A combination of the far-southward position of the cut-off trough and its lengthy stall (5 days as of 28th) allowed the surface low to drive an exceptionally large amount of hot air from northern Africa to western Europe. And so, that the intense late-June western-European heatwave of 2019 was born.
How’s the UK Escaped This Torching?
I’m glad you asked (…), as now I get to describe (and illustrate; Figure 4) how even this most exceptional of heatwaves was swiped aside by our old friend, high pressure.
‘Even this most exceptional of heatwaves was swiped aside by our old friend, high pressure.’
Figure 4: Surface pressure analysis chart from the European Centre for Medium Range Weather Forecasts, courtesy of tropicaltidbits.com, with own annotations overlaid.
A strong area of surface high pressure was hanging around to the northwest of the UK at the time that the cut-off trough first took shape. As the jet stream blasted eastward along its new found path well to the north of the trough, the ridge found itself with a nice wide path across the UK along which to extend.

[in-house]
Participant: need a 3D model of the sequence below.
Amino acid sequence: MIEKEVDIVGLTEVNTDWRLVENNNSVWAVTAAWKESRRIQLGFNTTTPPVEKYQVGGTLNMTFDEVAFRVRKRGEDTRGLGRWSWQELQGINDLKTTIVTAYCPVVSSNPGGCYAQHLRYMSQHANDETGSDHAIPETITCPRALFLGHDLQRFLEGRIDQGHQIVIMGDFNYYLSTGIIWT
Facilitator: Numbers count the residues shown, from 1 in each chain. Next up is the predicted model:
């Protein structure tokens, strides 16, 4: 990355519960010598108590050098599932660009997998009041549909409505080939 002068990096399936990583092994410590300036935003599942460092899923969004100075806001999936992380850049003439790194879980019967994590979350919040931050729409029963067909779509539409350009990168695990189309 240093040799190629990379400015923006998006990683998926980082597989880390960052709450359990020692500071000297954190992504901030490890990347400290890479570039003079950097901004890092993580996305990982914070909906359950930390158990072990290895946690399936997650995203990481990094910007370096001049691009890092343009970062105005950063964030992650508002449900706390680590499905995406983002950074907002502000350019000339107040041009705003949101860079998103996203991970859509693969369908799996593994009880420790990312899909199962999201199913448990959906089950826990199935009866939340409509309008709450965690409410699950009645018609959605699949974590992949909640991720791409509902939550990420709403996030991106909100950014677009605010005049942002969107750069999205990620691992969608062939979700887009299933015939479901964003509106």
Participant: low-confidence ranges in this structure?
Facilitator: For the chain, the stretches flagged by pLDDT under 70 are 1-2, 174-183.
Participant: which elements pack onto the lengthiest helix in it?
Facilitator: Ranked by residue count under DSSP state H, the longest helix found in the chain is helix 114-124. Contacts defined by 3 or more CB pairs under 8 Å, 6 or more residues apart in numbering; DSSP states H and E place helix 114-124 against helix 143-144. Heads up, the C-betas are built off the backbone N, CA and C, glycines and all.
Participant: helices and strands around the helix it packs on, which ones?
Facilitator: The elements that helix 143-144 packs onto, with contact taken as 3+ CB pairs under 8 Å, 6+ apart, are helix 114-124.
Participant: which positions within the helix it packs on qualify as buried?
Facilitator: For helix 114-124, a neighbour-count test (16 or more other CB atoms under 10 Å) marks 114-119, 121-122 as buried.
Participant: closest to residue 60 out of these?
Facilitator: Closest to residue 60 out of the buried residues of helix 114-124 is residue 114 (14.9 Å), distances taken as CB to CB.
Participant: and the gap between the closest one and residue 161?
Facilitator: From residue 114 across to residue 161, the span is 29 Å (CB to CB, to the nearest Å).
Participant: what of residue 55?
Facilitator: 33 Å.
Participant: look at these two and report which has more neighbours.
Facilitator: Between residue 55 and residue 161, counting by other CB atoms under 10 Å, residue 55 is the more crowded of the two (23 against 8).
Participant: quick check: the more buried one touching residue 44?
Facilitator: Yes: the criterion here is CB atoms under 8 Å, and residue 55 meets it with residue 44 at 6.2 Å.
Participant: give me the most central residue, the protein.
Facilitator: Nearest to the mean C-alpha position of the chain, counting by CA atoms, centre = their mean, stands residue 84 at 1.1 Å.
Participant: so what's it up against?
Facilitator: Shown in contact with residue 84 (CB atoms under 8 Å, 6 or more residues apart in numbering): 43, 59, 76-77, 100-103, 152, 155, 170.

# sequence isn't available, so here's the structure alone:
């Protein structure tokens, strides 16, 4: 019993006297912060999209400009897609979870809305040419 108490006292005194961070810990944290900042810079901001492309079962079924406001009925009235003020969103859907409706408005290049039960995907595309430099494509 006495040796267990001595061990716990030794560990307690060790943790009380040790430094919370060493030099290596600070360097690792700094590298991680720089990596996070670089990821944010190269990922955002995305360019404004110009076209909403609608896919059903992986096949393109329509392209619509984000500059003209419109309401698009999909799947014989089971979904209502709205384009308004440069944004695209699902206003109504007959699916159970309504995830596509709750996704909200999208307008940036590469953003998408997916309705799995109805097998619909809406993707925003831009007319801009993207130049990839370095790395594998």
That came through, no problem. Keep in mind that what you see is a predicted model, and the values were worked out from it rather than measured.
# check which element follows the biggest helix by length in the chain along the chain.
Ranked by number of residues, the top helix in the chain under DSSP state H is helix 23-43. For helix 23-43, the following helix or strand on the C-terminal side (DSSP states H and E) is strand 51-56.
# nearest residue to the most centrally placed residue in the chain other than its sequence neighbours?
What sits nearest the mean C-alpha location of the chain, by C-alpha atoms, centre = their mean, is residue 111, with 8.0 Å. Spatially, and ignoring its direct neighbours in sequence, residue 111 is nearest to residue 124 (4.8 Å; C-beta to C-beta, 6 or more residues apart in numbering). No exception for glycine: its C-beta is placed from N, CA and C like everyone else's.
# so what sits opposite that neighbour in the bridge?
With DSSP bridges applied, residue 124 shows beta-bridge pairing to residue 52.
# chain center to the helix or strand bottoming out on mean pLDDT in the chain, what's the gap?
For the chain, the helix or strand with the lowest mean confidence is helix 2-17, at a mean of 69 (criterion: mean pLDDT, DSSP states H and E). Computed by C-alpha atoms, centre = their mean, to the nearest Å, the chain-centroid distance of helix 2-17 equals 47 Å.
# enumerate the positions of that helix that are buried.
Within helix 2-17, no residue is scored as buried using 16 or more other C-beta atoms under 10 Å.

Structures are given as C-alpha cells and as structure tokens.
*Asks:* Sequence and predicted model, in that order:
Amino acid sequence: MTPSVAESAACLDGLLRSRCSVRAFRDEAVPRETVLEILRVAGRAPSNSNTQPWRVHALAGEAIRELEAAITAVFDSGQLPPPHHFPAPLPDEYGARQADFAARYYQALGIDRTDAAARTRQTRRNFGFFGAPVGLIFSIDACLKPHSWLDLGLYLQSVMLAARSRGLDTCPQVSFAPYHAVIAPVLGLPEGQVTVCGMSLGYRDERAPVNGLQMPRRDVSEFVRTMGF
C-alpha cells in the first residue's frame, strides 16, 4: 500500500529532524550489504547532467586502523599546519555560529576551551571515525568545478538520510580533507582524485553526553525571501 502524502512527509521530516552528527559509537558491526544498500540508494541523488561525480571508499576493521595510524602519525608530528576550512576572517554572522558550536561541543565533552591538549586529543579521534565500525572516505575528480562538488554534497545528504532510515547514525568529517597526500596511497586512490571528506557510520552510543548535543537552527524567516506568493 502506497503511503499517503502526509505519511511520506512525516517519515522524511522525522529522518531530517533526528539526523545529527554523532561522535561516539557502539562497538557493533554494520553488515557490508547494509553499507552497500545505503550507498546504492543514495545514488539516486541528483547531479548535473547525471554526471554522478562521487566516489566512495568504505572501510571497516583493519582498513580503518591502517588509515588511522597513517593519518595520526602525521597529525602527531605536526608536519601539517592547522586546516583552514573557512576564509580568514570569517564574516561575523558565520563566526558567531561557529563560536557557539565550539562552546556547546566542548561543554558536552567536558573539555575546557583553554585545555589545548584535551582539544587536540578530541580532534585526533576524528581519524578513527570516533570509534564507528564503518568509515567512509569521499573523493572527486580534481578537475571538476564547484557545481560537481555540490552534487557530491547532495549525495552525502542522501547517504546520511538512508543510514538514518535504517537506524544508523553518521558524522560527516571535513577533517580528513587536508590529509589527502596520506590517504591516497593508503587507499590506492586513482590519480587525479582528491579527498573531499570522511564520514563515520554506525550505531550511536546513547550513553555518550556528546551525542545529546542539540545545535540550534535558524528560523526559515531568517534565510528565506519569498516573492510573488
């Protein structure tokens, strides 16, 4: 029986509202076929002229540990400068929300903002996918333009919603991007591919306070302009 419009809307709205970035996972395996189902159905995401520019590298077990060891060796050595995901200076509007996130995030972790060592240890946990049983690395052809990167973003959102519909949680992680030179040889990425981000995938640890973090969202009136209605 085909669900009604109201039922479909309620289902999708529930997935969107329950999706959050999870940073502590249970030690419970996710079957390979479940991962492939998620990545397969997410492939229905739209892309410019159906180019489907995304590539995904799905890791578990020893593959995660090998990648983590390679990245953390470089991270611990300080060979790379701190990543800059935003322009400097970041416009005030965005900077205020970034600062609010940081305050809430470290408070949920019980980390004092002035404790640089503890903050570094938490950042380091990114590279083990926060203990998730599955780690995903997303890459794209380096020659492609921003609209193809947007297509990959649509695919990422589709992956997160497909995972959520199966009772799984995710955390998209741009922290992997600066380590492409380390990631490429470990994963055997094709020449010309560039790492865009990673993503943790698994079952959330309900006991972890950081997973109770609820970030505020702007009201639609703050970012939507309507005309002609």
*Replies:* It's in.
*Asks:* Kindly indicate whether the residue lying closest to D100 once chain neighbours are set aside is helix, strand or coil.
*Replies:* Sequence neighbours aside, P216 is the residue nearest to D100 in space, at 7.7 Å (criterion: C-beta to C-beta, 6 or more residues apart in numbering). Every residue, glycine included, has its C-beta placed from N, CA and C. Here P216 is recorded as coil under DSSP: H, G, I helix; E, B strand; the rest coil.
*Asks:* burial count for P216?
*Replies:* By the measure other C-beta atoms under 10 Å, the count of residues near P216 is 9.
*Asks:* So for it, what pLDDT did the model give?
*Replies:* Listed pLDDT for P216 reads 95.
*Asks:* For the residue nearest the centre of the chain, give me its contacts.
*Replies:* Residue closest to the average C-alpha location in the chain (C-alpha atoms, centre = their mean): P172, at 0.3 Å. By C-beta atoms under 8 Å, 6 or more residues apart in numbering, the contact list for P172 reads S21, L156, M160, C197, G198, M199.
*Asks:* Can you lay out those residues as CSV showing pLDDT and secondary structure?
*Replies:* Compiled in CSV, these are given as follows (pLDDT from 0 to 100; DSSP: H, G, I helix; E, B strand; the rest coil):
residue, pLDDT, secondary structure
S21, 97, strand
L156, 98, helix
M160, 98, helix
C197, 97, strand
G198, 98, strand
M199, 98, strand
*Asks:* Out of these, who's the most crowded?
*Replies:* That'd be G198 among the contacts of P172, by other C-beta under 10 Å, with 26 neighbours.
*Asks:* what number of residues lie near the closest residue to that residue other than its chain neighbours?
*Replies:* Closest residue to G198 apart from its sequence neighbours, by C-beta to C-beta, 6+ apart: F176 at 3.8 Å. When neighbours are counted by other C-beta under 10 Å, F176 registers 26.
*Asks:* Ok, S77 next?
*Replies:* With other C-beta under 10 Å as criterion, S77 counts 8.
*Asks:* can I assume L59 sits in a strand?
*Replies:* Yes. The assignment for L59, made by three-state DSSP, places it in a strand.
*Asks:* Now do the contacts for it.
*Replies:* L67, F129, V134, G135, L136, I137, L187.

A High Degree of Deflection
Now here’s the kicker. Air flows clockwise around a surface high. So, when a high is across the UK, a lot of air flows from the North Atlantic across the North Sea, then turns right again to cross parts of the UK or Northwest Europe. On this particular occasion, the shape of the ridge drove the air from the North Sea right across England and Wales. This flow also deflected the hot air away with ease.
‘Now here’s the kicker… This flow also deflected the hot air away with ease.’
This has left England and Wales reliant on sunshine heating the surface, driving some mixing of the upper and lower atmosphere. This got a small fraction of the hot air involved each day 26th-28th June. It was still enough to lift temperatures into the mid-high 20s each afternoon!
Only on 29th, as the high pressure at last moves away east, will the UK briefly see a surface flow from the roasting hot western Europe. That may allow temperatures to reach the mid-30s in some eastern parts of England.
‘Only on 29th… will the UK briefly see a surface flow from the roasting hot western Europe, potentially allowing temperatures to reach the mid-30s in some eastern parts of England.’
To everyone affected by this high-end heatwave, please do watch out for your health during these exceptional days. Among other things, there’s very strong sunshine to adapt for. I wish you all the best.
Head Meteorologist at MetSwift